Oct 122012
 

Children all learn differently. Peek into any classroom or place where children are gathered and you are sure to see a variety of learning methods at work:

  • children talking and discussing a problem to find a solution.
  • children drawing diagrams to understand a problem.
  • children acting or role playing to solve a problem.
  • children building with blocks to solve a problem.

It is clear that children have different ways to thinking about and interacting with the world. When teachers and leaders in the classroom understand this concept, they can create a learning environment where children thrive as more active, involved learners.

A great framework to help us better understand children’s learning styles is a theory developed by Dr. Howard Gardner, a psychologist and professor of neuroscience from Harvard University. Dr. Gardner developed the Theory of Multiple Intelligences in 1983, and since that time his theory has revolutionized the way teachers think about how children learn.

Multiple Intelligences states that human beings have nine different kinds of intelligence that reflect different ways of interacting with the world. Though each person does contain a spectrum of all nine intelligences, each person has a unique combination of strengths and no two individuals have the same exact configuration!

For Gardner, intelligence is defined as:

  • the ability to create an effective product or offer a service that is valued in a culture;
  • a set of skills that make it possible for a person to solve problems in life;
  • the potential for finding or creating solutions for problems, which involves gathering new knowledge.

NINE MULTIPLE INTELLIGENCES:*

1. Linguistic Intelligence: the capacity to use language to express what’s on your mind and to understand other people. Any kind of writer, orator, speaker, lawyer, or other person for whom language is an important stock in trade has great linguistic intelligence.

2. Logical/Mathematical Intelligence: the capacity to understand the underlying principles of some kind of causal system, the way a scientist or a logician does; or to manipulate numbers, quantities, and operations, the way a mathematician does.

3. Musical Rhythmic Intelligence: the capacity to think in music; to be able to hear patterns, recognize them, and perhaps manipulate them. People who have strong musical intelligence don’t just remember music easily, they can’t get it out of their minds, it’s so omnipresent.

4. Bodily/Kinesthetic Intelligence: the capacity to use your whole body or parts of your body (your hands, your fingers, your arms) to solve a problem, make something, or put on some kind of production. The most evident examples are people in athletics or the performing arts, particularly dancing or acting.

5. Spatial Intelligence: the ability to represent the spatial world internally in your mind — the way a sailor or airplane pilot navigates the large spatial world, or the way a chess player or sculptor represents a more circumscribed spatial world. Spatial intelligence can be used in the arts or in the sciences.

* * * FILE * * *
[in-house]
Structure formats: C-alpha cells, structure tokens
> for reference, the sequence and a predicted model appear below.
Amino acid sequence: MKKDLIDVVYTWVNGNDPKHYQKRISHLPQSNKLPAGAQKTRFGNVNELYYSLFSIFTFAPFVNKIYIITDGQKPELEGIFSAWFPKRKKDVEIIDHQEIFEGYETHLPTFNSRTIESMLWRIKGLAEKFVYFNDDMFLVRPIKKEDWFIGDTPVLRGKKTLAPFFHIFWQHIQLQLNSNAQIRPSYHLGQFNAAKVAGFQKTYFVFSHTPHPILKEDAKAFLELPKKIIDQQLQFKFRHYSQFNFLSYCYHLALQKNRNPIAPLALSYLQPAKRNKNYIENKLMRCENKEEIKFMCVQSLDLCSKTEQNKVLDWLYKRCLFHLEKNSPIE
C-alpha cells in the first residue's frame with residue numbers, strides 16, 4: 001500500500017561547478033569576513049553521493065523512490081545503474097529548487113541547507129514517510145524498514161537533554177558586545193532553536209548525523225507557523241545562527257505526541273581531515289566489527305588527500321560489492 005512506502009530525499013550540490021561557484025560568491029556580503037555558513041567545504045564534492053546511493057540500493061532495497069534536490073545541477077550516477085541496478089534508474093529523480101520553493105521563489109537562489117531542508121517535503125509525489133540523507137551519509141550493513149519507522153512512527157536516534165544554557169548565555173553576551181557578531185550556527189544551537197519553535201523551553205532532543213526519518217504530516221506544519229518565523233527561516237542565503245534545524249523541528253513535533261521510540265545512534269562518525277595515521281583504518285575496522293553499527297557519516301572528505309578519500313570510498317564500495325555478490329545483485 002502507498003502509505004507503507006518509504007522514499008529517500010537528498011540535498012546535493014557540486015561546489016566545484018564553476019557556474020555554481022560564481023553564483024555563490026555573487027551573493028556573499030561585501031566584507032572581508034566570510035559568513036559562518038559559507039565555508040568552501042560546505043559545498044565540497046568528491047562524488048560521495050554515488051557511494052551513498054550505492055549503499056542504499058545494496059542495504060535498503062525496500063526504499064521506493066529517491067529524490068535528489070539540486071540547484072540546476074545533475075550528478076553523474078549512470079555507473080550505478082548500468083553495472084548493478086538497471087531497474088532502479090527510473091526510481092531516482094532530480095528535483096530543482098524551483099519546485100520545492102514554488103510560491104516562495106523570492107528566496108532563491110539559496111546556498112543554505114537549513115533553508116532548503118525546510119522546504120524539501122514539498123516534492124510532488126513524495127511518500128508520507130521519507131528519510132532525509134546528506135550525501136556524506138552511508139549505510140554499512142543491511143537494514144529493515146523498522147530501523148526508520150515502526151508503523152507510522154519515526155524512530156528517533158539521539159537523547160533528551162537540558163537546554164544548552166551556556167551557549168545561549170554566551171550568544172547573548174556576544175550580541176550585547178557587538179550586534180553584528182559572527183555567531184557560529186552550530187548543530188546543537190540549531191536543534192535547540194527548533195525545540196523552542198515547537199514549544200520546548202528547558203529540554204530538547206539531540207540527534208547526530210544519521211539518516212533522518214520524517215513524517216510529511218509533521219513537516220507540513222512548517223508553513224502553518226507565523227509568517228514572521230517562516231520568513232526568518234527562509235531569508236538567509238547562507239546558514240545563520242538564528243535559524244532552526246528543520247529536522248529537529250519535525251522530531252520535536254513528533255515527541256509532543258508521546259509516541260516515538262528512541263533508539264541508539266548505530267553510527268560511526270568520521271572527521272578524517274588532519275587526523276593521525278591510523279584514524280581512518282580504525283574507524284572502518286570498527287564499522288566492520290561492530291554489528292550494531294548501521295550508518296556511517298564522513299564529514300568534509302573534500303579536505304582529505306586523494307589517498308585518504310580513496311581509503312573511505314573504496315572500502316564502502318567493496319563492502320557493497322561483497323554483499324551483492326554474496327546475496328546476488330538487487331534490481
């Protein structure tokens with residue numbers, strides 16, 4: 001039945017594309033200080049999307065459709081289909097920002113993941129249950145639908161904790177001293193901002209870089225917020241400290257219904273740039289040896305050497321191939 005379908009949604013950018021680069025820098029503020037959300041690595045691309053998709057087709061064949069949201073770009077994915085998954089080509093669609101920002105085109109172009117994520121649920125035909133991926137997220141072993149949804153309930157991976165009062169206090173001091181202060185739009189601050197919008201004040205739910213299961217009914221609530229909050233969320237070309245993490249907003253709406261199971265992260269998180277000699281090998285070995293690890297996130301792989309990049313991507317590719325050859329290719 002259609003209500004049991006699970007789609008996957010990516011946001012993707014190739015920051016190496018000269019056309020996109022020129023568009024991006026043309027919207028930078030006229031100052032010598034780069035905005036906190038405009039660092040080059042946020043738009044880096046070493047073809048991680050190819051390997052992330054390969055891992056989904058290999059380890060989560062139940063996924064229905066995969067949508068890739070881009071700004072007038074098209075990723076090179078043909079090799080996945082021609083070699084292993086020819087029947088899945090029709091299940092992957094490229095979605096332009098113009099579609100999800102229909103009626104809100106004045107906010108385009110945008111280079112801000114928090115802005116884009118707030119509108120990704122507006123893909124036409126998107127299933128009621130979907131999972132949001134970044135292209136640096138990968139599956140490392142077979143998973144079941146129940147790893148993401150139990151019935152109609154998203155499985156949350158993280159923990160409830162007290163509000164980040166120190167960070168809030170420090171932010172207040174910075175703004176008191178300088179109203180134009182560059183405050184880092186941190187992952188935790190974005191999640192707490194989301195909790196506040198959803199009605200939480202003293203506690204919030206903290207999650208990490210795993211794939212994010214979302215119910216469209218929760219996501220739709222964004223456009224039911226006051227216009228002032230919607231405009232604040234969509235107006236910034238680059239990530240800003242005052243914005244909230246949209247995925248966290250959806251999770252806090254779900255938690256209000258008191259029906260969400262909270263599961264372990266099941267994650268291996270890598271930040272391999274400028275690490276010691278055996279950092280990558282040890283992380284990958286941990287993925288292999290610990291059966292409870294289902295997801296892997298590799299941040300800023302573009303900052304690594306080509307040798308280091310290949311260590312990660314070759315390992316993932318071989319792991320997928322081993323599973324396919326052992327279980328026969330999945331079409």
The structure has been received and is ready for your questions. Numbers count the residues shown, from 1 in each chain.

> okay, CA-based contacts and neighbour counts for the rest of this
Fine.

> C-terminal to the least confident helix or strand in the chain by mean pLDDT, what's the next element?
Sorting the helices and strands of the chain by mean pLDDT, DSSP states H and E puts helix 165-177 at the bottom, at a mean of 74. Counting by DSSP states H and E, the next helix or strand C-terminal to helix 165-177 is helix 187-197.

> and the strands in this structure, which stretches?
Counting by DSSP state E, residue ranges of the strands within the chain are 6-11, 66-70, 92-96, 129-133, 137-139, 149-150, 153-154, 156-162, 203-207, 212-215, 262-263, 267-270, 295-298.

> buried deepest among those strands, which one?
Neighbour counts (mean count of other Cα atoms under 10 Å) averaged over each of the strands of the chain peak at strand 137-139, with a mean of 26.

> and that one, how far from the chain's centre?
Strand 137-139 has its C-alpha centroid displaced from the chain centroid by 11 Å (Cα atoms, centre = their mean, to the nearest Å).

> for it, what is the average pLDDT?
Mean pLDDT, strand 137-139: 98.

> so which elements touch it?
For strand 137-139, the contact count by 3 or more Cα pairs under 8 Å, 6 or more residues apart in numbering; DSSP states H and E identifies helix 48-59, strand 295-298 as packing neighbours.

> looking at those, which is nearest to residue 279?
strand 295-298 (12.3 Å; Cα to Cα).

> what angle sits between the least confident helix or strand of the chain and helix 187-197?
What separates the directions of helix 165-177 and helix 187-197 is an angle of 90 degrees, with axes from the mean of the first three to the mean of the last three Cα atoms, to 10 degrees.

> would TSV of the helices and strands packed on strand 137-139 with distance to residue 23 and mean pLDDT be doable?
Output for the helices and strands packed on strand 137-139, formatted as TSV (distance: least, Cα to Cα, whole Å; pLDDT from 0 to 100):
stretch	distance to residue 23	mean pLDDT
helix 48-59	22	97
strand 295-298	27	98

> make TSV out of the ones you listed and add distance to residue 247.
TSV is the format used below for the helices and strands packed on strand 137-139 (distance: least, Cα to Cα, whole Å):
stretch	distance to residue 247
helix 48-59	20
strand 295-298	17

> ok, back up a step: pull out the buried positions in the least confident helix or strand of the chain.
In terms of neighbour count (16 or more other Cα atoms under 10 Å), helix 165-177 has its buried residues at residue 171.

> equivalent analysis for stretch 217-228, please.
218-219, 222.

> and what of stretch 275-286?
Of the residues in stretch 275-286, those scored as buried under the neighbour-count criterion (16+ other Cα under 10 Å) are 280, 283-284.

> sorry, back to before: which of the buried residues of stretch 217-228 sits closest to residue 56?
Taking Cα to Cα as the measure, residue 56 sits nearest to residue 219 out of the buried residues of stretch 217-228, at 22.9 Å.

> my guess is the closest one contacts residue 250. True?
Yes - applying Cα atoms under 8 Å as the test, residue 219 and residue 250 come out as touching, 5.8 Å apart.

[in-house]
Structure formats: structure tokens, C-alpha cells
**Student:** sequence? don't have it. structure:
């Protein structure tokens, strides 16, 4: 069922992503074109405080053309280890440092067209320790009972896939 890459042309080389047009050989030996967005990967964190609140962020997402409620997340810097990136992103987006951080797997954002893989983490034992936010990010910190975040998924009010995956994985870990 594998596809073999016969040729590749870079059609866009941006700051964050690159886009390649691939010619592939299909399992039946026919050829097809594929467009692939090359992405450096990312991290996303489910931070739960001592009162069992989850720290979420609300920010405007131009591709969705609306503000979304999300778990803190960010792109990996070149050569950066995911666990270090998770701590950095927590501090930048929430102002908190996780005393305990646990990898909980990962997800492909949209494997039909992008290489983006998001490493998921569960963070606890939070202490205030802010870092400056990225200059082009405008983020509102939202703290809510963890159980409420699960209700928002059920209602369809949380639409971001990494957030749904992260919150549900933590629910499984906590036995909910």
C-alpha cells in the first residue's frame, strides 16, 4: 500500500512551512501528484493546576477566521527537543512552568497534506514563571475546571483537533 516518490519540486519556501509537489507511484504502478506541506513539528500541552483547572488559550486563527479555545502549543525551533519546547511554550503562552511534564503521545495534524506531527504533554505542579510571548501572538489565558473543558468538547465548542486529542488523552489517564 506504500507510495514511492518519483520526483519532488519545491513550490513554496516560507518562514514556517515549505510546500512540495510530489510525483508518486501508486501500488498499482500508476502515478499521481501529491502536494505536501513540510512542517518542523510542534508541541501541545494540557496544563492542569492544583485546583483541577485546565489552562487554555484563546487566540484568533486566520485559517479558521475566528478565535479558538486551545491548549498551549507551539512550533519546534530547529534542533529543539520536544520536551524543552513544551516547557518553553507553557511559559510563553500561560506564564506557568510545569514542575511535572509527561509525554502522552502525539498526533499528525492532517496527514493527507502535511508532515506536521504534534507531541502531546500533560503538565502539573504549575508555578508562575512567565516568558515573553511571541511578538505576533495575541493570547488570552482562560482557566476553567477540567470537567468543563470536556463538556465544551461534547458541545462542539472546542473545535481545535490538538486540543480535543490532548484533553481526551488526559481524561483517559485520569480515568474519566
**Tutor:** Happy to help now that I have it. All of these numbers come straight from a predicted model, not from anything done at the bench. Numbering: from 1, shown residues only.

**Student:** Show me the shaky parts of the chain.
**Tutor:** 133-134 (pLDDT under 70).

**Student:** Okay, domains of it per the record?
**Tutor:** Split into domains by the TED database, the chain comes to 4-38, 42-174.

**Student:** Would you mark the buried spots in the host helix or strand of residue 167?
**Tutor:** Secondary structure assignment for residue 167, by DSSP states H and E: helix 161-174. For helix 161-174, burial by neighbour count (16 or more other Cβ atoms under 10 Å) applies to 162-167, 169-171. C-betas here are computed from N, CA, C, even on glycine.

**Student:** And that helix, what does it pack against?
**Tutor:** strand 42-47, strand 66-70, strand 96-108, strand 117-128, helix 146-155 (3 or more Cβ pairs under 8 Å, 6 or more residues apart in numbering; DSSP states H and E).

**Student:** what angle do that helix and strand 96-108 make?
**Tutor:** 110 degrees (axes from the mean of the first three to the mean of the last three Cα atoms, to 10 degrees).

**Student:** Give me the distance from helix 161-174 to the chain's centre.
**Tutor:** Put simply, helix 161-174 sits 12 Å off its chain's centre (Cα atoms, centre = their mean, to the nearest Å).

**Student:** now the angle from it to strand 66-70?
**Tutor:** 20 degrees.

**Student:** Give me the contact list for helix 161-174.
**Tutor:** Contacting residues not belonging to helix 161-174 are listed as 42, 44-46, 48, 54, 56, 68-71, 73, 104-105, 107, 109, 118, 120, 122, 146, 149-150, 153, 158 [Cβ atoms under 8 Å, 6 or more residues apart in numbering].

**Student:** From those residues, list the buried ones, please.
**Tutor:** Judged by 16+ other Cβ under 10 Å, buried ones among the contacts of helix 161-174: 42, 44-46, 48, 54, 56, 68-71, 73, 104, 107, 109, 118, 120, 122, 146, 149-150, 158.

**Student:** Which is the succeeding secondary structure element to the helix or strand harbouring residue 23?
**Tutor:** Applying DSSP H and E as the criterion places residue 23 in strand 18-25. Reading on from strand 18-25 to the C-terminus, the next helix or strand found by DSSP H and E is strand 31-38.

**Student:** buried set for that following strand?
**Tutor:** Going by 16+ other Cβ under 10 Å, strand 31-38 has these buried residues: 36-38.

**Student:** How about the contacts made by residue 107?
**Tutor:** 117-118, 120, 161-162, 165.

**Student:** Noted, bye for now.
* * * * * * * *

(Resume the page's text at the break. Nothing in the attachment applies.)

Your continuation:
6. Naturalist Intelligence: the ability to discriminate among living things (plants, animals) and sensitivity to other features of the natural world (clouds, rock configurations). This ability was clearly of value in our evolutionary past as hunters, gatherers, and farmers; it continues to be central in such roles as botanist or chef.

7. Intrapersonal Intelligence: having an understanding of yourself; knowing who you are, what you can do, what you want to do, how you react to things, which things to avoid, and which things to gravitate toward. We are drawn to people who have a good understanding of themselves. They tend to know what they can and can’t do, and to know where to go if they need help.

8. Interpersonal Intelligence: the ability to understand other people. It’s an ability we all need, but is especially important for teachers, clinicians, salespersons, or politicians — anybody who deals with other people.

9. Existential Intelligence: the ability and proclivity to pose (and ponder) questions about life, death, and ultimate realities.

As I read this list, I am in awe at the creativity of God. Often, we are reminded of God’s greatness, power, and glory when we look at the stars and galaxies in the heavens. This list of Multiple Intelligences reminds me we can see the greatness, power, and glory in the way He created our brains to think and process information. We can marvel at God’s splendor when we see the diversity in children – not just their physical features, but the way God wired their bring to think about Him and the world He made. In my next post, I’ll unpack some specific ways we can use this information about Multiple Intelligences on Sunday mornings in Crossing Kids.

* As written in Dr. Howard Gardner’s INTELLIGENCE REFRAMED: MULTIPLE INTELLIGENCE FOR THE 21ST CENTURY. New York: Basic Books, 1999.

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